In the Biblical narrative evil came out of the absence of beauty and light. The word Lucifer has certain connotations, but originally it meant a beautiful light. The character we now know as Satan was originally a breathtakingly beautiful angel of light. He didn’t like the idea that his beautiful light was simply a reflection of the beautiful light of the divine being. It seems out of envy he wanted the impossible; he wanted to have the source of light in himself.

The moon has no light in itself but is a reflection of the light that comes from the sun. In the same way this angel of light turned his back on the glorious source of his beauty and light and was consumed by the darkness of the great absence. This story helps us understand the source of moral darkness that produces an ill will.

Surely, If God created everything he must have created evil, and if he created evil how can we be blamed for it? This looks like a good question but on closer examination it cannot be said that sin and evil were created in the same way other things were created.

The absence of light and life

Sin is the absence of goodness, just as darkness is the absence of light. Darkness disappears when you switch a light on and darkness reappears when you switch it off. The word evil is live spelt backwards. Evil cannot create healthy life but always wants to fill its absence by devouring life. It is always envious of what it can’t have, so it spawns obsessive jealousy and greed. It might sound a little corny but sin is about the absence of goodness; evil on the other hand is the pernicious intention to propagate that which destroys goodness, beauty and truth. Of course these are the very things that promote spiritual life.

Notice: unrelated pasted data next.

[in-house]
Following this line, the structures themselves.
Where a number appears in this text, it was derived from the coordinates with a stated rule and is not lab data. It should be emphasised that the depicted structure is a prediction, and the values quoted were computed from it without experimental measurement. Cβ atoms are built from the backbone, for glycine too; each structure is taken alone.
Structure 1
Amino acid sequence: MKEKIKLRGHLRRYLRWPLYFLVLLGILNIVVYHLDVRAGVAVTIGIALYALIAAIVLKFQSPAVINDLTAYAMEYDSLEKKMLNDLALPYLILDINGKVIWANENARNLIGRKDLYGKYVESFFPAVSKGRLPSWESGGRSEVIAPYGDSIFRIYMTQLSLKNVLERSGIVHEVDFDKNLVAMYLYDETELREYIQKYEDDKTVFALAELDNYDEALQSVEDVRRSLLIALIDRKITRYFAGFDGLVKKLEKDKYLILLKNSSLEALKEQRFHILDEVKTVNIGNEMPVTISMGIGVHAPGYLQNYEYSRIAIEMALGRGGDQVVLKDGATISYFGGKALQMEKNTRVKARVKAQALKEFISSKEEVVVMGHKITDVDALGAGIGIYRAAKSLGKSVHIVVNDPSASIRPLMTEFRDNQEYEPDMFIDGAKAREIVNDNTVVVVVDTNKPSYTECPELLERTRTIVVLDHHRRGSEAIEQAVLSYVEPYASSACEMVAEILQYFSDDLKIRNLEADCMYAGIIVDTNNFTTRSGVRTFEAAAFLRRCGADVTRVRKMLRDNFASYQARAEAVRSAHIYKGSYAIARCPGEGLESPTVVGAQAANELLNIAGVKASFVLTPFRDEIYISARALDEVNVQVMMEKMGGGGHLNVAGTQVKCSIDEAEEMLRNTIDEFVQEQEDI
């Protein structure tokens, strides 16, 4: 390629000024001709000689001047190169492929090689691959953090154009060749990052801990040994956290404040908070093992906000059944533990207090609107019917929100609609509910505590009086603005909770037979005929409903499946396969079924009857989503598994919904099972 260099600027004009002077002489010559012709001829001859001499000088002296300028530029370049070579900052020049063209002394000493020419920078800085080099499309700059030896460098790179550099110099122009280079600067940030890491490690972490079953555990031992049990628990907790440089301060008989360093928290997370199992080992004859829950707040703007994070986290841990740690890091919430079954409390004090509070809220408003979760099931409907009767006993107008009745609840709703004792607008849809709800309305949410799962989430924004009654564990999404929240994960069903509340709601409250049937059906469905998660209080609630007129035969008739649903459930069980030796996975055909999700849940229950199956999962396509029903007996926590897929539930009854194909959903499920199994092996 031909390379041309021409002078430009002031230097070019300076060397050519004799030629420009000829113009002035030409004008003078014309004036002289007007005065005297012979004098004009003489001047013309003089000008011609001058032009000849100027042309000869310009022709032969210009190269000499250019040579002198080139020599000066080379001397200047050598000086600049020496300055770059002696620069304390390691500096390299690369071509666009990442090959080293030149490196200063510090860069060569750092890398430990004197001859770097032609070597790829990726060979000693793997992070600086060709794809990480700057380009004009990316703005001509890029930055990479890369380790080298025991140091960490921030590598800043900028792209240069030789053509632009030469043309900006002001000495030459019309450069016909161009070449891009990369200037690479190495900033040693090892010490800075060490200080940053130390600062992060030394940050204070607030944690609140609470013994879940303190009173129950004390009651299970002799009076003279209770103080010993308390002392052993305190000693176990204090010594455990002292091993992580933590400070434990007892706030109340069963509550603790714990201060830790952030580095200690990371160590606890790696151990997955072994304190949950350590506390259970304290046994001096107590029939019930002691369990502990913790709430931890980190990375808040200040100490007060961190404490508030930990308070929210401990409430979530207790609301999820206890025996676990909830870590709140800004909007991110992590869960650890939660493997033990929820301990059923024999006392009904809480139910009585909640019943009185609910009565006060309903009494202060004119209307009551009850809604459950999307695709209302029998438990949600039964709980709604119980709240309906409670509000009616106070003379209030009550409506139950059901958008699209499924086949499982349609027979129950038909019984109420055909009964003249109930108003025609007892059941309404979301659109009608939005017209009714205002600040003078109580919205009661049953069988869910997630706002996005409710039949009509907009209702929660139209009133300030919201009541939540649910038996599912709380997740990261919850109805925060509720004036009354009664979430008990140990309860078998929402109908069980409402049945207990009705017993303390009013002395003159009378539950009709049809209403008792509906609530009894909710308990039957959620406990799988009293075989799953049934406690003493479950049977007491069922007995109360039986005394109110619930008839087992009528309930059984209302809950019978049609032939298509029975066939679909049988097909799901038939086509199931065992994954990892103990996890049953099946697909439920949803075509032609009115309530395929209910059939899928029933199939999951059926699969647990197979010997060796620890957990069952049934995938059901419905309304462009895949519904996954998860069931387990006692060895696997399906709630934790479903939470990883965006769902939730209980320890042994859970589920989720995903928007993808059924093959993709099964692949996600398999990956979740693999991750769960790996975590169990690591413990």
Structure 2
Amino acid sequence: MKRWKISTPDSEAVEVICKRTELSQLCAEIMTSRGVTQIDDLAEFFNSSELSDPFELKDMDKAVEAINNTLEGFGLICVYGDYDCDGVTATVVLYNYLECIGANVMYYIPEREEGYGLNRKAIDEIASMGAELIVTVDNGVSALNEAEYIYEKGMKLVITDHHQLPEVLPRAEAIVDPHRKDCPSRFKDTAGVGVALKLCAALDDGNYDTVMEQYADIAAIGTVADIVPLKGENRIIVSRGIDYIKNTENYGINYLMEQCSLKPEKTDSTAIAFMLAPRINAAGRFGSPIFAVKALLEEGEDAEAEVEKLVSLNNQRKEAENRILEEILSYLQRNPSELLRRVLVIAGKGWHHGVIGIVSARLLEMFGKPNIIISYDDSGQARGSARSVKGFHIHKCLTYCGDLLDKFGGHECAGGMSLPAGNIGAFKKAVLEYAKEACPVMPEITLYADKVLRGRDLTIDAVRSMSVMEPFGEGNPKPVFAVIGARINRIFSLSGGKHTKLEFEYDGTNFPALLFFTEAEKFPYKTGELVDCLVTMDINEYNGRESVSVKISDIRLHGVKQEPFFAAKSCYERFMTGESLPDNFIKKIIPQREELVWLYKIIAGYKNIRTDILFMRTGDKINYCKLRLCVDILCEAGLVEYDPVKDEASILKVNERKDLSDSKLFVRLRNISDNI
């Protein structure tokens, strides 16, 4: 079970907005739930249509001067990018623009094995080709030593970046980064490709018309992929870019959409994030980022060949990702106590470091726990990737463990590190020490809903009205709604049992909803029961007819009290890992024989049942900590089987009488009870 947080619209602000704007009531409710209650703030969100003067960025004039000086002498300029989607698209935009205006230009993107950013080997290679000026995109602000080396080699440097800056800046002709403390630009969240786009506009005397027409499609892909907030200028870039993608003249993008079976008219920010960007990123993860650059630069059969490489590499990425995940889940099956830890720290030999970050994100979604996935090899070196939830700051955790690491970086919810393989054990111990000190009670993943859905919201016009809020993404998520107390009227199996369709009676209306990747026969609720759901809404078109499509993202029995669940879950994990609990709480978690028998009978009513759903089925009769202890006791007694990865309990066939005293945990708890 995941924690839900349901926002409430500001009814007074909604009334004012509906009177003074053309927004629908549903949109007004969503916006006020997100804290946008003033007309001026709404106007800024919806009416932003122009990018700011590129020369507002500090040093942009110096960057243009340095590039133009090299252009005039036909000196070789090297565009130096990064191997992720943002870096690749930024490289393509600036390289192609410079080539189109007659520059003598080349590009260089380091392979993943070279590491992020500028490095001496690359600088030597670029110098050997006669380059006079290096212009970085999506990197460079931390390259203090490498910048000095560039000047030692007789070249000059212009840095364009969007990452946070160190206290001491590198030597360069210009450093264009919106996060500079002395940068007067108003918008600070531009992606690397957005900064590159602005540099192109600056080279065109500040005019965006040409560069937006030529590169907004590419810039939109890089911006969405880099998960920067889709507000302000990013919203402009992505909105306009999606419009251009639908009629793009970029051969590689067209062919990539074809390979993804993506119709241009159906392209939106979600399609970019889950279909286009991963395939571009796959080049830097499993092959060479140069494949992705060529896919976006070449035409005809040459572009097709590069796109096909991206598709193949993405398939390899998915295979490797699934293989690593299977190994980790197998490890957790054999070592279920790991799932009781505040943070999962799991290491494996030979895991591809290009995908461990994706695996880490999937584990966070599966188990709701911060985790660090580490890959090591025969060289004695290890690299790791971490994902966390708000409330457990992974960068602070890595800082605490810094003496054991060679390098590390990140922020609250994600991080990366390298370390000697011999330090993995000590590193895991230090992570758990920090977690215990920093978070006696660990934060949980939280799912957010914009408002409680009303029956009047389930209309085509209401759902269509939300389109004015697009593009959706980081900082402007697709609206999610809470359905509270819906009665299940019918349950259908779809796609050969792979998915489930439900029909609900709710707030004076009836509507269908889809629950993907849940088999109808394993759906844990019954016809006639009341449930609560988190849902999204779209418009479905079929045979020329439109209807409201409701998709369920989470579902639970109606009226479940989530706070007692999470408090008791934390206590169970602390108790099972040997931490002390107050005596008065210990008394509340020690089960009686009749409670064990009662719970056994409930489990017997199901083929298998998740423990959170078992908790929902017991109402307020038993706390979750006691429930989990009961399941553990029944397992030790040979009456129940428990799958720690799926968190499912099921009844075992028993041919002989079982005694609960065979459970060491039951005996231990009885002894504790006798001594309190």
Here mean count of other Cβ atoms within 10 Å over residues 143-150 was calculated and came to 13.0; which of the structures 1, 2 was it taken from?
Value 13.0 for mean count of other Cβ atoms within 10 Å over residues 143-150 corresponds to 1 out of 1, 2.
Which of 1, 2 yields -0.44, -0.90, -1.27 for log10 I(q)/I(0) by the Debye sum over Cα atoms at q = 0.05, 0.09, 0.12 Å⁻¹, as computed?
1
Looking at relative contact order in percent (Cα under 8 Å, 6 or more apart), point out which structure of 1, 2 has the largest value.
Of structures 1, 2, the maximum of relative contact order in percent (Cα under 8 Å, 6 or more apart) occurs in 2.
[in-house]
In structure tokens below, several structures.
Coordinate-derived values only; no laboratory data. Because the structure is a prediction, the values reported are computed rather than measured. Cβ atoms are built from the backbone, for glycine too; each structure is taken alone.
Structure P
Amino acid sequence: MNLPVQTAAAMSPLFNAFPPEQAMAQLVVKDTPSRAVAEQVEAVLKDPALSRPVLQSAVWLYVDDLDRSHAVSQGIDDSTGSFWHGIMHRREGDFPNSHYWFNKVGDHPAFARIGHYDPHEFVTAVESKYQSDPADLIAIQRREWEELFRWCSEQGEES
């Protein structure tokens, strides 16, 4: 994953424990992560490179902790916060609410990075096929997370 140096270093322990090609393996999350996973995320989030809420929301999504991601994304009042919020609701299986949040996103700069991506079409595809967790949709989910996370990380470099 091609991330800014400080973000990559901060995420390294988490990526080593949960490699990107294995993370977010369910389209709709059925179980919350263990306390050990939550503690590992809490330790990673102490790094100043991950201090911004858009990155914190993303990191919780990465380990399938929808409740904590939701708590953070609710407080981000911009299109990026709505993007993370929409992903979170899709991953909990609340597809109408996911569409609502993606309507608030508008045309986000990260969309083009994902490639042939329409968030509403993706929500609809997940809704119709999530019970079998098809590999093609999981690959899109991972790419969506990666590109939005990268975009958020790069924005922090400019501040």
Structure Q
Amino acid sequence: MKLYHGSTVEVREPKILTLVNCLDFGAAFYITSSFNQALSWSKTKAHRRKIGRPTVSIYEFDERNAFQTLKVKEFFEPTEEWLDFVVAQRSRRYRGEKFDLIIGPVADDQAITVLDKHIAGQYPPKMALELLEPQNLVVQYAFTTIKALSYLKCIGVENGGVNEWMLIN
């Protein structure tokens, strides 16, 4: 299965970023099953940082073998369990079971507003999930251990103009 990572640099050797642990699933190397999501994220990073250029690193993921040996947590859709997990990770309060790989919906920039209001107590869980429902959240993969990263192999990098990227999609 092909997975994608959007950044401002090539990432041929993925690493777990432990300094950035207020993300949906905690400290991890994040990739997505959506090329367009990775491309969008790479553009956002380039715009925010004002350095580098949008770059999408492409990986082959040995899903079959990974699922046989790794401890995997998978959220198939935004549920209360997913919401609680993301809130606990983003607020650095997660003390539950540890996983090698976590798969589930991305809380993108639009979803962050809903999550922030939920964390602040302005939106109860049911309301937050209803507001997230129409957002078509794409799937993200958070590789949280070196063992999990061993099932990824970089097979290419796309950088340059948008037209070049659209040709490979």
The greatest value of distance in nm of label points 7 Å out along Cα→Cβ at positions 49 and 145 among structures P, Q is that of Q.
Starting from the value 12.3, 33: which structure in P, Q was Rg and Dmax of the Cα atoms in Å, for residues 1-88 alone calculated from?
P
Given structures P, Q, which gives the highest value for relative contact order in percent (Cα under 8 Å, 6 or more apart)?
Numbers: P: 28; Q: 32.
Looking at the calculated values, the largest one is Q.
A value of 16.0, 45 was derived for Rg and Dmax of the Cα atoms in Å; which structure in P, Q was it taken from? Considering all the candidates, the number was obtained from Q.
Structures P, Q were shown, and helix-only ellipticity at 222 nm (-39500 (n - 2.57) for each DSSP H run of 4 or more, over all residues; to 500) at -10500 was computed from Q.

We could call evil a pernicious and willful absence of goodness

In the same way that darkness was not created because darkness is the absence of light, sin is the absence of goodness. This is why the Bible says “All have sinned and fallen short of the glory God.” None of us measures up to being consistently good, let alone perfect. This doesn’t however mean we have yielded our will to evil.

Our will may be flawed but we still yearn for goodness, beauty and truth

Our will is flawed but in our spirit we still have eternal yearnings. We cannot define goodness but we always recognise it when it turns up. When it does, it releases a sense of hope and relief.